Five Britons have died and a sixth person, believed to be Australian, is missing and feared dead after a whale-watching boat carrying 27 people capsized near Vancouver Island off Canada's Pacific coast.
The search and rescue operation was called off on Monday (local time) after 21 survivors were plucked from the water, Lieutenant Commander Desmond James of the Coast Guard's rescue centre in the provincial capital Victoria told AFP.
A Royal Canadian Mounted Police dive team later took over, scouring the ocean bed and the rugged coastline nearby for any sign of the missing sixth person, who has yet to be identified.
AAP has been told by the family of a Sydney man, 27, that he was on the boat with his girlfriend and her family when it went down.
Her father was one of five British citizens confirmed dead.
Officials admitted there was little chance the passenger would be found alive, almost 24 hours after the Leviathan II sent out a distress call to say it was sinking.
"We still remain hopeful, but we have to assume the worst," said RCMP Corporal Janelle Shoihet.
Federal Transportation Safety Board (TSB) investigators, meanwhile, secured the site of the wreckage.
In London, Foreign Secretary Philip Hammond said the four men and a woman who perished in the capsize were all British citizens.
"My thoughts are with the family and friends of all those affected by this terrible accident," Hammond said in a statement.
Two of the victims were Canadian residents while the other three were tourists, said the British Columbia coroner's office.
They were aged 18 to 76.
The Leviathan II went down some 12 kilometres off Tofino, a resort town on the western edge of Vancouver Island.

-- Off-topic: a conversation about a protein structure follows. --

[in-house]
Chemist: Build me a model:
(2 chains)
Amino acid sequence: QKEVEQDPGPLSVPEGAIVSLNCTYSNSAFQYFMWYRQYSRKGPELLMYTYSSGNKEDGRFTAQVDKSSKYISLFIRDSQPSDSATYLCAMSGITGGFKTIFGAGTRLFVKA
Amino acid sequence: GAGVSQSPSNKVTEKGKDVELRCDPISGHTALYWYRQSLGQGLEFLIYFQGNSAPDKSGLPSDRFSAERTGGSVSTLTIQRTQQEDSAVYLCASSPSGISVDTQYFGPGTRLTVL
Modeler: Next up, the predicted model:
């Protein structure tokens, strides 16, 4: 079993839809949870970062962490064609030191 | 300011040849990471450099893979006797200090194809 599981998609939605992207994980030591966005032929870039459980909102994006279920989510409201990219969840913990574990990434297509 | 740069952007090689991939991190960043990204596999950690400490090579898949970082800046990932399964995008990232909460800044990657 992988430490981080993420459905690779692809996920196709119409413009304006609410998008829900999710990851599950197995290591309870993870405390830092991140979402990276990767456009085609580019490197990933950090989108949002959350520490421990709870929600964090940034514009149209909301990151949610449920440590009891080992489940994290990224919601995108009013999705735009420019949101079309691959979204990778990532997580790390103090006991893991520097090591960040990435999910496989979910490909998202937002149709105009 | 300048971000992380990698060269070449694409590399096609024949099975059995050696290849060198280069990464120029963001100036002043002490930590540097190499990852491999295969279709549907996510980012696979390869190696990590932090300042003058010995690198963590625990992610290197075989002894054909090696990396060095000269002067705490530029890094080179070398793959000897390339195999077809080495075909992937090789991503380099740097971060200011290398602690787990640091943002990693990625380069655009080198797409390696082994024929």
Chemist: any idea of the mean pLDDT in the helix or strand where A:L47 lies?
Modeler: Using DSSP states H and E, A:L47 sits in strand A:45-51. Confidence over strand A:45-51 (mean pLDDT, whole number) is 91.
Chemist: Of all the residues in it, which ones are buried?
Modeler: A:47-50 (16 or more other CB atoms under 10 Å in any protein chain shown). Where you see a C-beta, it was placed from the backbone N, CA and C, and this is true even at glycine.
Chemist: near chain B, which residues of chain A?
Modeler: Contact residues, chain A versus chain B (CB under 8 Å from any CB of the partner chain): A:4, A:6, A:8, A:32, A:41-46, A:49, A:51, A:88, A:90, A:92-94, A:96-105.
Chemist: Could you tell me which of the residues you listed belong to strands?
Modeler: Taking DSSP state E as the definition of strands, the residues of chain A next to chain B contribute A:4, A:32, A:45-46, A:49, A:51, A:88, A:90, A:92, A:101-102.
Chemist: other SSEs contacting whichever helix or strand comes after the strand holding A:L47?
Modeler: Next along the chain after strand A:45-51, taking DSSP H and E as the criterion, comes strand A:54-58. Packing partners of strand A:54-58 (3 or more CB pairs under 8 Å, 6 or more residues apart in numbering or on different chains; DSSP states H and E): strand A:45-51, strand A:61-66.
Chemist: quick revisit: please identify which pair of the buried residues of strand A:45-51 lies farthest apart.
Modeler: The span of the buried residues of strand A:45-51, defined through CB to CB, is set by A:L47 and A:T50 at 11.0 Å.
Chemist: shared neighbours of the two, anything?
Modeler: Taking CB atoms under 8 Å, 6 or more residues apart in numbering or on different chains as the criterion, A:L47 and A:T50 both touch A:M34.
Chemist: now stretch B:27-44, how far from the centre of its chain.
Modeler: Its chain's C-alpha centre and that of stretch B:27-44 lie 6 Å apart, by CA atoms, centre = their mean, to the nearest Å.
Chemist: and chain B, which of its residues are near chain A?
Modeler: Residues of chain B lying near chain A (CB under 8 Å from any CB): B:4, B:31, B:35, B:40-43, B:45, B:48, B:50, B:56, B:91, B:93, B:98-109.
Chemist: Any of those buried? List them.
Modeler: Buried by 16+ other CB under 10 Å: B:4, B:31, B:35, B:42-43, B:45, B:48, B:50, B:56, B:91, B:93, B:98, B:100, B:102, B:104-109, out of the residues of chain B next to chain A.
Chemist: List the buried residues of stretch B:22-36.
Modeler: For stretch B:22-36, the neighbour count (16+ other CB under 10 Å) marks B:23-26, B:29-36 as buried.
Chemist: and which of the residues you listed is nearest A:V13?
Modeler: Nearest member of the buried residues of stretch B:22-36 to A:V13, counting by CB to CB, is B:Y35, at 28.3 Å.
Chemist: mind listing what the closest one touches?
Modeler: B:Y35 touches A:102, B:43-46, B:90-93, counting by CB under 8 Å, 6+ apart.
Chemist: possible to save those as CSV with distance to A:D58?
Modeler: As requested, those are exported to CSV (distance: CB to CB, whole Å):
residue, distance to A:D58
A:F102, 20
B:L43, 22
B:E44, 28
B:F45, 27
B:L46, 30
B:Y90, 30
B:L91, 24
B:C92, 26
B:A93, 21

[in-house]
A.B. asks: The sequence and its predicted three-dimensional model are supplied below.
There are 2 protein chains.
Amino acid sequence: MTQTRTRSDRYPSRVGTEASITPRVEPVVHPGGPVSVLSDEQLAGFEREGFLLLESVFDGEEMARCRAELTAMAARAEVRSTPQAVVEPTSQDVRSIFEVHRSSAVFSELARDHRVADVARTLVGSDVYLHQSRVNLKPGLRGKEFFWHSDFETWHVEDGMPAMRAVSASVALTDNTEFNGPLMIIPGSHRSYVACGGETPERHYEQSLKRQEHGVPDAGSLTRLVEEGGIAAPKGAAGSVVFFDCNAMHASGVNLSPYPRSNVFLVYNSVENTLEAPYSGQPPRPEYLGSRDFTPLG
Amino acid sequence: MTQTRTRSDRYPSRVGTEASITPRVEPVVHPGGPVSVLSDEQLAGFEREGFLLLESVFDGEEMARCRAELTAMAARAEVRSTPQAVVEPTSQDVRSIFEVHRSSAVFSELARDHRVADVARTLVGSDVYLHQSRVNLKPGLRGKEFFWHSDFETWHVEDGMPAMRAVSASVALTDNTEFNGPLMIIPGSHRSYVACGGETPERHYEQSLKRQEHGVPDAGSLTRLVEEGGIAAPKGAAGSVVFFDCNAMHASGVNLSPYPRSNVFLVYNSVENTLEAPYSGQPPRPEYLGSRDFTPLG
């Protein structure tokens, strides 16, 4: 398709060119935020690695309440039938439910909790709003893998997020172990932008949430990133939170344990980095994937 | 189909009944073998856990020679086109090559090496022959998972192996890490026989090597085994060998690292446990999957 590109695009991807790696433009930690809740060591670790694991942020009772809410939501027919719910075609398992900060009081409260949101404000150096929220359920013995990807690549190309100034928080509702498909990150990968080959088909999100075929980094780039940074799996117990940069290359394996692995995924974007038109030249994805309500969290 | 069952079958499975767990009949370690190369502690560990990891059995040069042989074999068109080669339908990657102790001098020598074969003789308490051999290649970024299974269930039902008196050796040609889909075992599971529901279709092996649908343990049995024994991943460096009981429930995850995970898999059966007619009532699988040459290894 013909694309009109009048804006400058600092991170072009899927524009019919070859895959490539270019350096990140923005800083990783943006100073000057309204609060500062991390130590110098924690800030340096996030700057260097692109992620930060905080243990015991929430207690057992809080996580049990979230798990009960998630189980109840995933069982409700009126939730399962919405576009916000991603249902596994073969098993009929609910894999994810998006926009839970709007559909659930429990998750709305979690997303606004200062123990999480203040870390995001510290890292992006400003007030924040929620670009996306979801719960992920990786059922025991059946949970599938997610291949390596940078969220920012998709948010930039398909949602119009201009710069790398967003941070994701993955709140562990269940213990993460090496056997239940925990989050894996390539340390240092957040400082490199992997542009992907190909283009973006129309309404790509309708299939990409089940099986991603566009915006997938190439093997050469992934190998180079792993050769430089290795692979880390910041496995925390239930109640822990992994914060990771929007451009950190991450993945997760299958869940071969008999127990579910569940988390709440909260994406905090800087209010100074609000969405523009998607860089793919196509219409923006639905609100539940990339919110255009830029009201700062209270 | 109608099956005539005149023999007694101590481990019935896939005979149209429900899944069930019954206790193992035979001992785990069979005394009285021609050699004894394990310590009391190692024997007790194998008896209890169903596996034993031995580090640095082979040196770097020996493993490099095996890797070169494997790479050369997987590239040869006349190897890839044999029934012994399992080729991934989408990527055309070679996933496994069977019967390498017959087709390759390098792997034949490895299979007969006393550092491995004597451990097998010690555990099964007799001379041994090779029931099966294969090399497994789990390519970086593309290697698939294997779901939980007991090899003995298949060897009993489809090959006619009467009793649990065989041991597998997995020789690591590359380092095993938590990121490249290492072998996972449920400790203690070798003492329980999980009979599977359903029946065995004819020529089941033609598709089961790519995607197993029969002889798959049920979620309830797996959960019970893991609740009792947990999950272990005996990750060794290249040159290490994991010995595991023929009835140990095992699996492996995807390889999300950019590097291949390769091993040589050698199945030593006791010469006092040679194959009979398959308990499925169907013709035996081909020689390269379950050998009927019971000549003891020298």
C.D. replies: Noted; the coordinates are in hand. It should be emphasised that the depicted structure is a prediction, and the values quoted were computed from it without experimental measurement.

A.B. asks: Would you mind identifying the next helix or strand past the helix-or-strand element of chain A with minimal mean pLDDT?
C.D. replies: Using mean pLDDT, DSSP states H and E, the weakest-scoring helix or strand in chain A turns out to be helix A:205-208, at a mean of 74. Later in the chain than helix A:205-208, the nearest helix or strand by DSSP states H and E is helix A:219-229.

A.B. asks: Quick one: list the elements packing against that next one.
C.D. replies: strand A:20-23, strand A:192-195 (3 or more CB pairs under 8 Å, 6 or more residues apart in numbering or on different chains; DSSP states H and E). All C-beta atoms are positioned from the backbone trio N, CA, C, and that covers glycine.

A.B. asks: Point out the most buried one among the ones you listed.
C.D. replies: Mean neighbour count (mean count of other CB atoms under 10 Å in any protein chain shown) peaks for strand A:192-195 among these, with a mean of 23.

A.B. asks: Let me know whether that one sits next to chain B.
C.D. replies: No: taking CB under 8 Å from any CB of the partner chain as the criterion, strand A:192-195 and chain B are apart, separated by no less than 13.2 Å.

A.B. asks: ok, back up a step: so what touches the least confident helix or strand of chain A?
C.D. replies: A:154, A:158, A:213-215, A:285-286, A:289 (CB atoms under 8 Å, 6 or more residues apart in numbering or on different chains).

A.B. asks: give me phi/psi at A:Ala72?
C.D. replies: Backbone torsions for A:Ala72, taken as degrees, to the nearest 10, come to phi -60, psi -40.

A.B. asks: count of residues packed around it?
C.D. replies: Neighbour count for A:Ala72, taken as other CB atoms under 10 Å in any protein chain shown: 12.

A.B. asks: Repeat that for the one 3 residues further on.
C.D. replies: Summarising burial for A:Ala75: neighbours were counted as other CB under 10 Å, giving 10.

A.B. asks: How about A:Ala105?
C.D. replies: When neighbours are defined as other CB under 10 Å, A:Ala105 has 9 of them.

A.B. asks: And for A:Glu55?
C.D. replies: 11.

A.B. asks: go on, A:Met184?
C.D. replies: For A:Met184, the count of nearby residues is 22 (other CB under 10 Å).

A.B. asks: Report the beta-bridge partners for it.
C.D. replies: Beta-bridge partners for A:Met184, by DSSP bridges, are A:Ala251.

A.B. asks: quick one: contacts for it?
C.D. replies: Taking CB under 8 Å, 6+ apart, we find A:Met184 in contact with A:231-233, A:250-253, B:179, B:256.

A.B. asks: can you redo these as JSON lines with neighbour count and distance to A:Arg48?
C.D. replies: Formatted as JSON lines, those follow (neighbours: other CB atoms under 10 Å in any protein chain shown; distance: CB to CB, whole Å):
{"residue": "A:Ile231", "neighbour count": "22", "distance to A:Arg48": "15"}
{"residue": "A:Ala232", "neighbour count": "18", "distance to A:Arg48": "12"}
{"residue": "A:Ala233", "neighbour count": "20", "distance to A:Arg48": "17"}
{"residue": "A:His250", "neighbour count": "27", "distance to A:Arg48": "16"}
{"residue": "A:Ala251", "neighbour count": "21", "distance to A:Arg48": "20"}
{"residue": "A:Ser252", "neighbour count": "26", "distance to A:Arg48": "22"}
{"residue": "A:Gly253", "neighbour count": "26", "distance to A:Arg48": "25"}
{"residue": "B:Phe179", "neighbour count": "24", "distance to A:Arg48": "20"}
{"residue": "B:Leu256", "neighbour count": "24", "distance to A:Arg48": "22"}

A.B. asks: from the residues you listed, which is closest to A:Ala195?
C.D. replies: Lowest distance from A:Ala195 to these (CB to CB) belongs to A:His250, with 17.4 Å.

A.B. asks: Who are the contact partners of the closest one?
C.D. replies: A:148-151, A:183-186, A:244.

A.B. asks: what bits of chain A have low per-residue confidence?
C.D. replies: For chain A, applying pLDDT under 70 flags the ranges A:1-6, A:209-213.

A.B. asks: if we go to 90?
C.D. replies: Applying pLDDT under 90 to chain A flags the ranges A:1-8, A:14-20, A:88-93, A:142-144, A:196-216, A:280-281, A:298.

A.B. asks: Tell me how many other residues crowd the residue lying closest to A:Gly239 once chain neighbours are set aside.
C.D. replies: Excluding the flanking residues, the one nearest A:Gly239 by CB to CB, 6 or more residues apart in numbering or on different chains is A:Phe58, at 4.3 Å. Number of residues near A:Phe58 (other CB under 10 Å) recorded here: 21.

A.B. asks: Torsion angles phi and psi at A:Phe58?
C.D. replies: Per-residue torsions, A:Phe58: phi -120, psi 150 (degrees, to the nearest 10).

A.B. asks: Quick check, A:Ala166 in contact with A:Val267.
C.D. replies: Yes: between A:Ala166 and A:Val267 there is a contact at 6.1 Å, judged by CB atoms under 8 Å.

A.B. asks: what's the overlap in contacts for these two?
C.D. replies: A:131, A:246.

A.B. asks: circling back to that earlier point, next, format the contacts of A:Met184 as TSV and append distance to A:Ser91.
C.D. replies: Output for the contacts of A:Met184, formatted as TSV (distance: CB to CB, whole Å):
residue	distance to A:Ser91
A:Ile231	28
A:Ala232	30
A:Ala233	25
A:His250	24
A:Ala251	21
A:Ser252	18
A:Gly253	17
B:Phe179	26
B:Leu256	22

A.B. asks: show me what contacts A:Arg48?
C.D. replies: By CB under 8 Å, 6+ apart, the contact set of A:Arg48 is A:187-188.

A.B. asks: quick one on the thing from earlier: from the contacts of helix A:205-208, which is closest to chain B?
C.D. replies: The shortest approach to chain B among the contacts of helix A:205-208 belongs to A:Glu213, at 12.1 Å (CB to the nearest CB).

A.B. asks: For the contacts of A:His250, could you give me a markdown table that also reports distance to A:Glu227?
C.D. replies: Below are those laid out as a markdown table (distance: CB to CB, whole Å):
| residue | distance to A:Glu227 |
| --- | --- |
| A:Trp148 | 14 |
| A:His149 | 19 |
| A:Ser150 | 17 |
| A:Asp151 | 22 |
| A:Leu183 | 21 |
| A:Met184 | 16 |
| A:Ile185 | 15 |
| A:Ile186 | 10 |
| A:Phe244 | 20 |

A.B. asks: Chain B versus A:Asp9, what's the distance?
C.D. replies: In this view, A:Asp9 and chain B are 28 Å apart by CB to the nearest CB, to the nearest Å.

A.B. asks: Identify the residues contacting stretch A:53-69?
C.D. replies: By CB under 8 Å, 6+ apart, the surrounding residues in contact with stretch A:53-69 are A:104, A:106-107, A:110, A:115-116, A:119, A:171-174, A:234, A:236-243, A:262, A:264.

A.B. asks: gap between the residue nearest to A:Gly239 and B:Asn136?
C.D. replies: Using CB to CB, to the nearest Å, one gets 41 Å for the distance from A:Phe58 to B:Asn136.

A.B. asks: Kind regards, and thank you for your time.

Owned by Jamie's Whaling Station and Adventure Centres, the 20-metre cruise vessel was reportedly out on one of its last tours of the season, which ends October 31.
"This particular boat has done this exact same trip for 20 years twice a day. Yesterday was no different than any other day," said tour company owner Jamie Bray.
But for reasons yet unknown, the ship capsized in waters less than seven metres deep, its bow remaining visible above water.
Locals told Canadian media the vessel may have hit rocks.
"It's much too early to say what the causes of this accident might be," said TSB Director of Marine Investigations Marc Andre Poisson.
A company spokeswoman said the incident happened "so quickly" that the crew was unable to send out a distress signal.
Once in the water, the crew set off flares that attracted the attention of local aboriginal fishermen nearby.
Eighteen people were hospitalised, several suffering from hypothermia, media said.
"The response here has been nothing short of phenomenal, the way that people are bringing out blankets and clothing and food, donating what they can and offering all of the services that they have," Tofino Mayor Josie Osborne told broadcaster CTV.
"Tofino's thoughts and prayers are with passengers, crew, emergency responders and their families. Thank you all for your messages of support," she wrote on Twitter.
A "shocked and saddened" prime minister-elect Justin Trudeau offered his thoughts and prayers to passengers, the crew and families of the victims.
An employee who answered the phone at Jamie's Whaling Station said the company was focused on the passengers and crew.
Tofino is a popular surfing and whale-watching town near the Clayoquot Sound UNESCO Biosphere Reserve.
Jamie's Whaling Station, one of the area's largest tourist boat outfitters, was hit by a deadly tragedy once before, in 1998.
According to TSB records, two of the four people aboard a whale-watching ship, Ocean Thunder, died after a "large swell wave struck the boat from the port side."